The reason this is so interesting to me in the first place is, let's just assume in the longer-term, even though sales are pretty much non-existent in China today, China's got a population that's five times larger than the United States. If we assume that they can even get one-third of the sales of Revlimid in China as they did in the United States, of multiple myeloma, that'd be $2 billion peak sales in China. I think it's capable of much more than that, but let's just say $2 billion within the country's walls. If you put maybe 4X peak sales on that, as an investor, which is pretty common in biotech, 4-5X peak sales, you're already looking at a company that should be worth $8 billion in terms of valuation. That is what BeiGene is valued at today, but they've still got an entire pipeline that's being valued essentially at zero if you put that kind of multiple on it.

I think there's a lot of cool stuff going on in BeiGene's pipeline that's worth a lot more than $0 for investors. This is an asymmetrical risk-reward, in my opinion, that favors investors.

Jones: Absolutely. I must say, there's one particular asset, BGB-A317, it's a checkpoint inhibitor being studied in solid tumors. This particular deal, especially with the pact with Celgene -- on Industry Focus, we've talked about Celgene a lot. As you know, they have become overly dependent on one drug. 63% of revenue is for Revlimid. One of the things they haven't really drove into as much as they should have early on was checkpoint inhibitors. You've got Bristol-Myers Squibb with Opdivo, you've got Merck with Keytruda. This is potentially a $30 billion market with checkpoint inhibitors. So, now you see Celgene positioning themselves to have one of these what I call foundational drugs in their pipeline. And really, the future of immunotherapy, the future of immuno-oncology, I think, is going to be a lot of these combination therapies. You have a checkpoint inhibitor, and then you add another drug from your pipeline to make it even more effective.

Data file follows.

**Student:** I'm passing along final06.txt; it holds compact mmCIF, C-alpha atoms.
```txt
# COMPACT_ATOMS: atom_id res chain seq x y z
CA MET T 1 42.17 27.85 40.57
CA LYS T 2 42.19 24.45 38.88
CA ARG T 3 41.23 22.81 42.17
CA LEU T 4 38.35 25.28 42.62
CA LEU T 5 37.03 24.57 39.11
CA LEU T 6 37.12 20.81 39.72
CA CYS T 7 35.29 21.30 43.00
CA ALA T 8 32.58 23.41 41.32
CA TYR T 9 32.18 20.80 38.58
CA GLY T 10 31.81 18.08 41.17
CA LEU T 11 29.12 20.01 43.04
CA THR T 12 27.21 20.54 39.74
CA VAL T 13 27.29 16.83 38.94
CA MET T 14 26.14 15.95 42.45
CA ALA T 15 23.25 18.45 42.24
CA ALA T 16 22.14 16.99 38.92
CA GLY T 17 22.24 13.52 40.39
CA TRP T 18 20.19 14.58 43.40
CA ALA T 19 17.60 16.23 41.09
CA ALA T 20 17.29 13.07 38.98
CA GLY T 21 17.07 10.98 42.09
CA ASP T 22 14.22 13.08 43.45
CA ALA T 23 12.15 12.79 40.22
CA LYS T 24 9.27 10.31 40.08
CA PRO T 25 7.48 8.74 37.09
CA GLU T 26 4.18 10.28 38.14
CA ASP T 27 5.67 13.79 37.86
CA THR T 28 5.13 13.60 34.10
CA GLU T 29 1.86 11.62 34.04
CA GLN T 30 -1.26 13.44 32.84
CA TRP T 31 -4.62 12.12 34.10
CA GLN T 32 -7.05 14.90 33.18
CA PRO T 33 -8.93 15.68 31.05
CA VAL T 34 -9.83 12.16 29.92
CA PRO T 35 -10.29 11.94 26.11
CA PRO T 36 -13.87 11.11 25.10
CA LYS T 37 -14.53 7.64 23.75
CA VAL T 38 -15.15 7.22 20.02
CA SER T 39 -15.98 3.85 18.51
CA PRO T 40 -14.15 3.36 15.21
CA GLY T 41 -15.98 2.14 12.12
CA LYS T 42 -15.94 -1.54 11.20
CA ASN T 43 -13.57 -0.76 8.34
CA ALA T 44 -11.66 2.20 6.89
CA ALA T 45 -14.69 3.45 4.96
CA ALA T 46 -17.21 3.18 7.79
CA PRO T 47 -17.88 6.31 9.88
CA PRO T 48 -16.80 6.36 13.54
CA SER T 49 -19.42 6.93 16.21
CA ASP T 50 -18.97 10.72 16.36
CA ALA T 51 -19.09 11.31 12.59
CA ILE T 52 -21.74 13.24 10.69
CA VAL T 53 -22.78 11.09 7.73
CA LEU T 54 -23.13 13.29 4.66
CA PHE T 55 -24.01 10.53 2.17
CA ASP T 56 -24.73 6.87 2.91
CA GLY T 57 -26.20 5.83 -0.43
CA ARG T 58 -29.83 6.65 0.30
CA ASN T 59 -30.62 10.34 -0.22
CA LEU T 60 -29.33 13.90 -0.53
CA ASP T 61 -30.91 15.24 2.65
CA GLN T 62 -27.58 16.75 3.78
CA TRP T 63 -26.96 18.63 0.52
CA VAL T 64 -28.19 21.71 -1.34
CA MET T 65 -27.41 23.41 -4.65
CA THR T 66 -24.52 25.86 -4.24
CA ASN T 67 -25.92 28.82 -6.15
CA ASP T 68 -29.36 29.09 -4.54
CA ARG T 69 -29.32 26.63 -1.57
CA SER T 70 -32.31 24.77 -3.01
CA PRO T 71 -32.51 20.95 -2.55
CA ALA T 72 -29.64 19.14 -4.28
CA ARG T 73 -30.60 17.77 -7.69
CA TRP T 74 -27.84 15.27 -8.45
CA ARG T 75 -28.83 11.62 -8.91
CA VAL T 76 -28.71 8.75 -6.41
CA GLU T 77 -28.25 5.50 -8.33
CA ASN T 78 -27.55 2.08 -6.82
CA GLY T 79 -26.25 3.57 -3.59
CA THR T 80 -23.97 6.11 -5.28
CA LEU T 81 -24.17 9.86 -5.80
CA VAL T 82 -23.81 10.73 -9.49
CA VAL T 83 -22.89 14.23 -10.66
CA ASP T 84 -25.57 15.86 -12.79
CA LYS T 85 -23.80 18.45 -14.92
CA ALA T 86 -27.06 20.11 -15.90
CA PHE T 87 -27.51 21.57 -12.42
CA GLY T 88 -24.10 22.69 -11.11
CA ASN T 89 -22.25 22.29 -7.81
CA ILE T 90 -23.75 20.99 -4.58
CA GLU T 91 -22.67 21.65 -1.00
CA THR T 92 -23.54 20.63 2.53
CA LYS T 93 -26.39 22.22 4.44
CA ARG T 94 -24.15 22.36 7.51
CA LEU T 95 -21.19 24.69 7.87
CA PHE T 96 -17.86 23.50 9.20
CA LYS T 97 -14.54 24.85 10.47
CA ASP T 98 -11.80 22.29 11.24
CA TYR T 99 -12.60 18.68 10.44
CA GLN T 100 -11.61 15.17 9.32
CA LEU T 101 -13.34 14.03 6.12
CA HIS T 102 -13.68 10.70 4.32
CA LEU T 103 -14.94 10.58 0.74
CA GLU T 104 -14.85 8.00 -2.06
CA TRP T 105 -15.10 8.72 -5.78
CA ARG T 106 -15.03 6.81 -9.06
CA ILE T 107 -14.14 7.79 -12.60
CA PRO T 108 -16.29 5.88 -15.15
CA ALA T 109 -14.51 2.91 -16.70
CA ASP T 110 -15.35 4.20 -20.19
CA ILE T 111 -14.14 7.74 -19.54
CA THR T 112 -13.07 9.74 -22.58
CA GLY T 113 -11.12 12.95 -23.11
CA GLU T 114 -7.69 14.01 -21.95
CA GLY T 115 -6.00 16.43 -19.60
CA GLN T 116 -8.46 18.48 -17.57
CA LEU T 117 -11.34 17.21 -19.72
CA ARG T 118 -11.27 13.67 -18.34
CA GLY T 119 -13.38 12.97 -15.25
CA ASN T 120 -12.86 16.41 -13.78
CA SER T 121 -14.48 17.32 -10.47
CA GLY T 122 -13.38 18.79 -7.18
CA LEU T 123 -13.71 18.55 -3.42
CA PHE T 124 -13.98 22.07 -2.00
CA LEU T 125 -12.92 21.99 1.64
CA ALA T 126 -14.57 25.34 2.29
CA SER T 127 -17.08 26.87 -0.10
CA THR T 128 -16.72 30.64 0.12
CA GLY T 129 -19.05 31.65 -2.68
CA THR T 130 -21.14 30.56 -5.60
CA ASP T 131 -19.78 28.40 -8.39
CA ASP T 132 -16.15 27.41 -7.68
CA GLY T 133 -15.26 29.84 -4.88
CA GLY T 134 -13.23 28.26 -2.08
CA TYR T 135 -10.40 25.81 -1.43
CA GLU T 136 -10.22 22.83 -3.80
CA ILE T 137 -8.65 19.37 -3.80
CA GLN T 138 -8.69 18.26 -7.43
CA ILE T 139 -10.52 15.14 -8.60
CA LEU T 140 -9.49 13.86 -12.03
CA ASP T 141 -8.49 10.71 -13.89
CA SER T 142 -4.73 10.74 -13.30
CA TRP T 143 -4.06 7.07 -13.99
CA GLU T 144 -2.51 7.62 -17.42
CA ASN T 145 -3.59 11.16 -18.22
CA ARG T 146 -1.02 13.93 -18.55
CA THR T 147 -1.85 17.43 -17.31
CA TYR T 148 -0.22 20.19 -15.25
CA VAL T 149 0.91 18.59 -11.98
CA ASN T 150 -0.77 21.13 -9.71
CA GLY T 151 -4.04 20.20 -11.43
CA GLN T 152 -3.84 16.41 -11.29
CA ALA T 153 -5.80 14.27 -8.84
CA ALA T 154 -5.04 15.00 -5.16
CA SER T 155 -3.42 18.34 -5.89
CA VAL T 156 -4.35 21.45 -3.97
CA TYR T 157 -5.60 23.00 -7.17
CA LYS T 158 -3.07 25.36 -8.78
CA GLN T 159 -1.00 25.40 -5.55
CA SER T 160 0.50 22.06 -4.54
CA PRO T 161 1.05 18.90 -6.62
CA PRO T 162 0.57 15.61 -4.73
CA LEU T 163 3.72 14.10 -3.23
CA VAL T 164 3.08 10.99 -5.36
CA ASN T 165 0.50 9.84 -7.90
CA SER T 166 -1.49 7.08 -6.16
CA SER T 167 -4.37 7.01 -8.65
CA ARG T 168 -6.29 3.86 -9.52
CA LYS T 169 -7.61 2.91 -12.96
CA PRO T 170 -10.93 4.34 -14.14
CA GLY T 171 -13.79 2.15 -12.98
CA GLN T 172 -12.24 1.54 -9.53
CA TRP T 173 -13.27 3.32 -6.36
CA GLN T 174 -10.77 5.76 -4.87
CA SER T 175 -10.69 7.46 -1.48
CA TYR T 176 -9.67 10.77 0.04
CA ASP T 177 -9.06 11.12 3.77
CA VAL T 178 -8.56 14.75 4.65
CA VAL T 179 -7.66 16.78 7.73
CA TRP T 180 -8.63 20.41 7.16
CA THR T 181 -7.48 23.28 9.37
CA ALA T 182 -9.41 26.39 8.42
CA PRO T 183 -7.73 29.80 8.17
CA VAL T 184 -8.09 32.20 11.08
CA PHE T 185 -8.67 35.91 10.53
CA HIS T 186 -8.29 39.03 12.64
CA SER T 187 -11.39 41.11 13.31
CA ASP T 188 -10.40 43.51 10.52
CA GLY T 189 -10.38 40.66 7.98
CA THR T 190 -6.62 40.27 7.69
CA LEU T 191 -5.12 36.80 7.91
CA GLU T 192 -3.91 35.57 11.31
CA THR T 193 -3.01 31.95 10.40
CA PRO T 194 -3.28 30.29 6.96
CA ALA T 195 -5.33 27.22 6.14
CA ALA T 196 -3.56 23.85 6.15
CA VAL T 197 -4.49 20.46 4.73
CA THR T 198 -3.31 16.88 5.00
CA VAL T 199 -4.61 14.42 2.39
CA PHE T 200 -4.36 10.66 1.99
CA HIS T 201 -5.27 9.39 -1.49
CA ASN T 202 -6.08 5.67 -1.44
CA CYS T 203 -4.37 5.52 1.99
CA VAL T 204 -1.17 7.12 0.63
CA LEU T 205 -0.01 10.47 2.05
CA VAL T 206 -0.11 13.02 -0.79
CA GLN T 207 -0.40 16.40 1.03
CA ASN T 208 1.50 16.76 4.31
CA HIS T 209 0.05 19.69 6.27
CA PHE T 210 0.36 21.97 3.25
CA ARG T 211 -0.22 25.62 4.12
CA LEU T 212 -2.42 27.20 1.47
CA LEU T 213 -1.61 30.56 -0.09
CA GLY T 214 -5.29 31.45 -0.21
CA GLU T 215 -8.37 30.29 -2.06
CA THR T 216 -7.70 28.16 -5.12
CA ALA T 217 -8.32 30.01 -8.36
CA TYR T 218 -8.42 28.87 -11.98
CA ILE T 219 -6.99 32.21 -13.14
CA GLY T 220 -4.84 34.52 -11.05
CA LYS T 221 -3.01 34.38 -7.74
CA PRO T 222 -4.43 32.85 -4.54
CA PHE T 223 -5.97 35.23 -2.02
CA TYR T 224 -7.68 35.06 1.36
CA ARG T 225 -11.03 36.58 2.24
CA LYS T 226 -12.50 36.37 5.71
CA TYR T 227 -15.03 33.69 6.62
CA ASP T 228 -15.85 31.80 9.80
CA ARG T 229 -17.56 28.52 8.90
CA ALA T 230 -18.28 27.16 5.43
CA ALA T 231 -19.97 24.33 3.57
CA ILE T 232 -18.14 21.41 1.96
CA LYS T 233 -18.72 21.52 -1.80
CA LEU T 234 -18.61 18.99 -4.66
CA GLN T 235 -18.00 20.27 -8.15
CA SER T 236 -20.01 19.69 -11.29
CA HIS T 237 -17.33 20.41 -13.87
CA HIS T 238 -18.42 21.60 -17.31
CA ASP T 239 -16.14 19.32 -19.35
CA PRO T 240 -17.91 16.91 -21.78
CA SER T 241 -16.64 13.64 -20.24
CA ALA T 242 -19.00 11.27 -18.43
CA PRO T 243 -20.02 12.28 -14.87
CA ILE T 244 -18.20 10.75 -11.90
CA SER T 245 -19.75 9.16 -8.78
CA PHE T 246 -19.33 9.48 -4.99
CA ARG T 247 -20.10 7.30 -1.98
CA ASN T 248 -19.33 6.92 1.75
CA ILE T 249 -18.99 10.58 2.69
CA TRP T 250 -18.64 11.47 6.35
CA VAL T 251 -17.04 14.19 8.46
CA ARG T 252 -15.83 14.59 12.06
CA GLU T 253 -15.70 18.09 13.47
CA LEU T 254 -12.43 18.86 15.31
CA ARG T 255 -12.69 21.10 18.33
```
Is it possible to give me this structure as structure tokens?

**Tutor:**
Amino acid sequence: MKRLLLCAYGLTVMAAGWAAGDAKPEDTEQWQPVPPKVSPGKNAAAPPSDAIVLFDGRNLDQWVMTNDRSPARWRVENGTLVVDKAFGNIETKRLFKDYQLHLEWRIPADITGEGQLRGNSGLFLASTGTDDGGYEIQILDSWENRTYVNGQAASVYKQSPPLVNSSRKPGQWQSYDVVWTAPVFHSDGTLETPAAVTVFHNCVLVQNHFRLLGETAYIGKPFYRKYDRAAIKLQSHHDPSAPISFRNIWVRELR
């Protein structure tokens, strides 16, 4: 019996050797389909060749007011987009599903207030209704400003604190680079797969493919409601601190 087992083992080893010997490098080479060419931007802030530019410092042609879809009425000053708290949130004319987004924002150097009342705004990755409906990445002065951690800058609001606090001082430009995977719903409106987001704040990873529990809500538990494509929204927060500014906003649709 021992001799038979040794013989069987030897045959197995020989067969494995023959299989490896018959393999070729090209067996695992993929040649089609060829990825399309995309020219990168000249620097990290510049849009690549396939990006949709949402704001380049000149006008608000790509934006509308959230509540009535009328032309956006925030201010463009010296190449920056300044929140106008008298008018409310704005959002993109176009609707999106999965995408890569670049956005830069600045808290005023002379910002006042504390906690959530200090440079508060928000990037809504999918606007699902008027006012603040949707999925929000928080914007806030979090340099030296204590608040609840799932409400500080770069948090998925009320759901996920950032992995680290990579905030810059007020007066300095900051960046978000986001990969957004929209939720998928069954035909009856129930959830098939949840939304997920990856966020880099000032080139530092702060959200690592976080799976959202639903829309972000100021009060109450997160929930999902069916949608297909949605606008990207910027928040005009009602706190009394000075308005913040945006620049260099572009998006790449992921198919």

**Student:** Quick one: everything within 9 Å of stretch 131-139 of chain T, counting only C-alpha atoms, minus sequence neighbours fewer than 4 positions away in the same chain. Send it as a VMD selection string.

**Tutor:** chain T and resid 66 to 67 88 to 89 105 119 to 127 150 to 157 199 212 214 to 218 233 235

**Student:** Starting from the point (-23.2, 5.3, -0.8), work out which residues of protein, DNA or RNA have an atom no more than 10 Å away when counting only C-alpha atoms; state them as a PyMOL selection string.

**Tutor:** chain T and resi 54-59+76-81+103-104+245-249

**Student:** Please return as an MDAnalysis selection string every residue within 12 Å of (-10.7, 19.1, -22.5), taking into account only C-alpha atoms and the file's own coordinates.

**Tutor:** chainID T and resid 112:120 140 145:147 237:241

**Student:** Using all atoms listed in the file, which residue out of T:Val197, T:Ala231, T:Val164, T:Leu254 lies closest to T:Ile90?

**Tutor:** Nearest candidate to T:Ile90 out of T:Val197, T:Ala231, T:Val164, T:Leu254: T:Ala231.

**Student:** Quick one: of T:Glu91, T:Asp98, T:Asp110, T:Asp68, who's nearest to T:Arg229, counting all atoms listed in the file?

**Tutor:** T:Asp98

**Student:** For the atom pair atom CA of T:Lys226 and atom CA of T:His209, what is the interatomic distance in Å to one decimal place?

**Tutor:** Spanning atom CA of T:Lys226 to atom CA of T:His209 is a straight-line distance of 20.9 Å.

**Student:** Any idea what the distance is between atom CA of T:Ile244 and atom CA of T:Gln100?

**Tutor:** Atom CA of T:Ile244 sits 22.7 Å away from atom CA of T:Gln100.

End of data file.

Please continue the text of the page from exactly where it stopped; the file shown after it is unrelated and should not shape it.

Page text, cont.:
So, I think for a lot of reasons, this makes sense for Celgene. This certainly makes sense for BeiGene. For those reasons and all the ones that you mentioned, Simon, this is definitely a stock to watch.

Erickson: Yeah. The one that you mentioned that's in combination with the checkpoint inhibitors, Tislelizumab is the name of that drug. They're working with Celgene to commercialize that right now. That's already filed. They've got the NDA, and they're just waiting for approval in China. If they get approval in China for this, which would target Hodgkin's lymphoma, could be also used for advanced liver cancer, some pretty serious diseases right there, if it works and it gets filed and approved in China, they want to also bring that to the U.S., which of course would be of interest to Celgene, as well. It's a great partnership. Celgene took an equity stake in BeiGene last year. They now own about 6% of the company because they see the potential for growing and getting a foothold in China, and also developing, as you said, some great cocktails for their own drugs that they're developing for a variety of different indications of cancer.

Jones: Absolutely. Overall, this is definitely one of the safer, more mature companies out there in China right now. But certainly, things to watch that we mentioned earlier on in the show that you want to be mindful of.

Shannon Jones has no position in any of the stocks mentioned. Simon Erickson owns shares of Celgene. The Motley Fool owns shares of and recommends Celgene. The Motley Fool has a disclosure policy.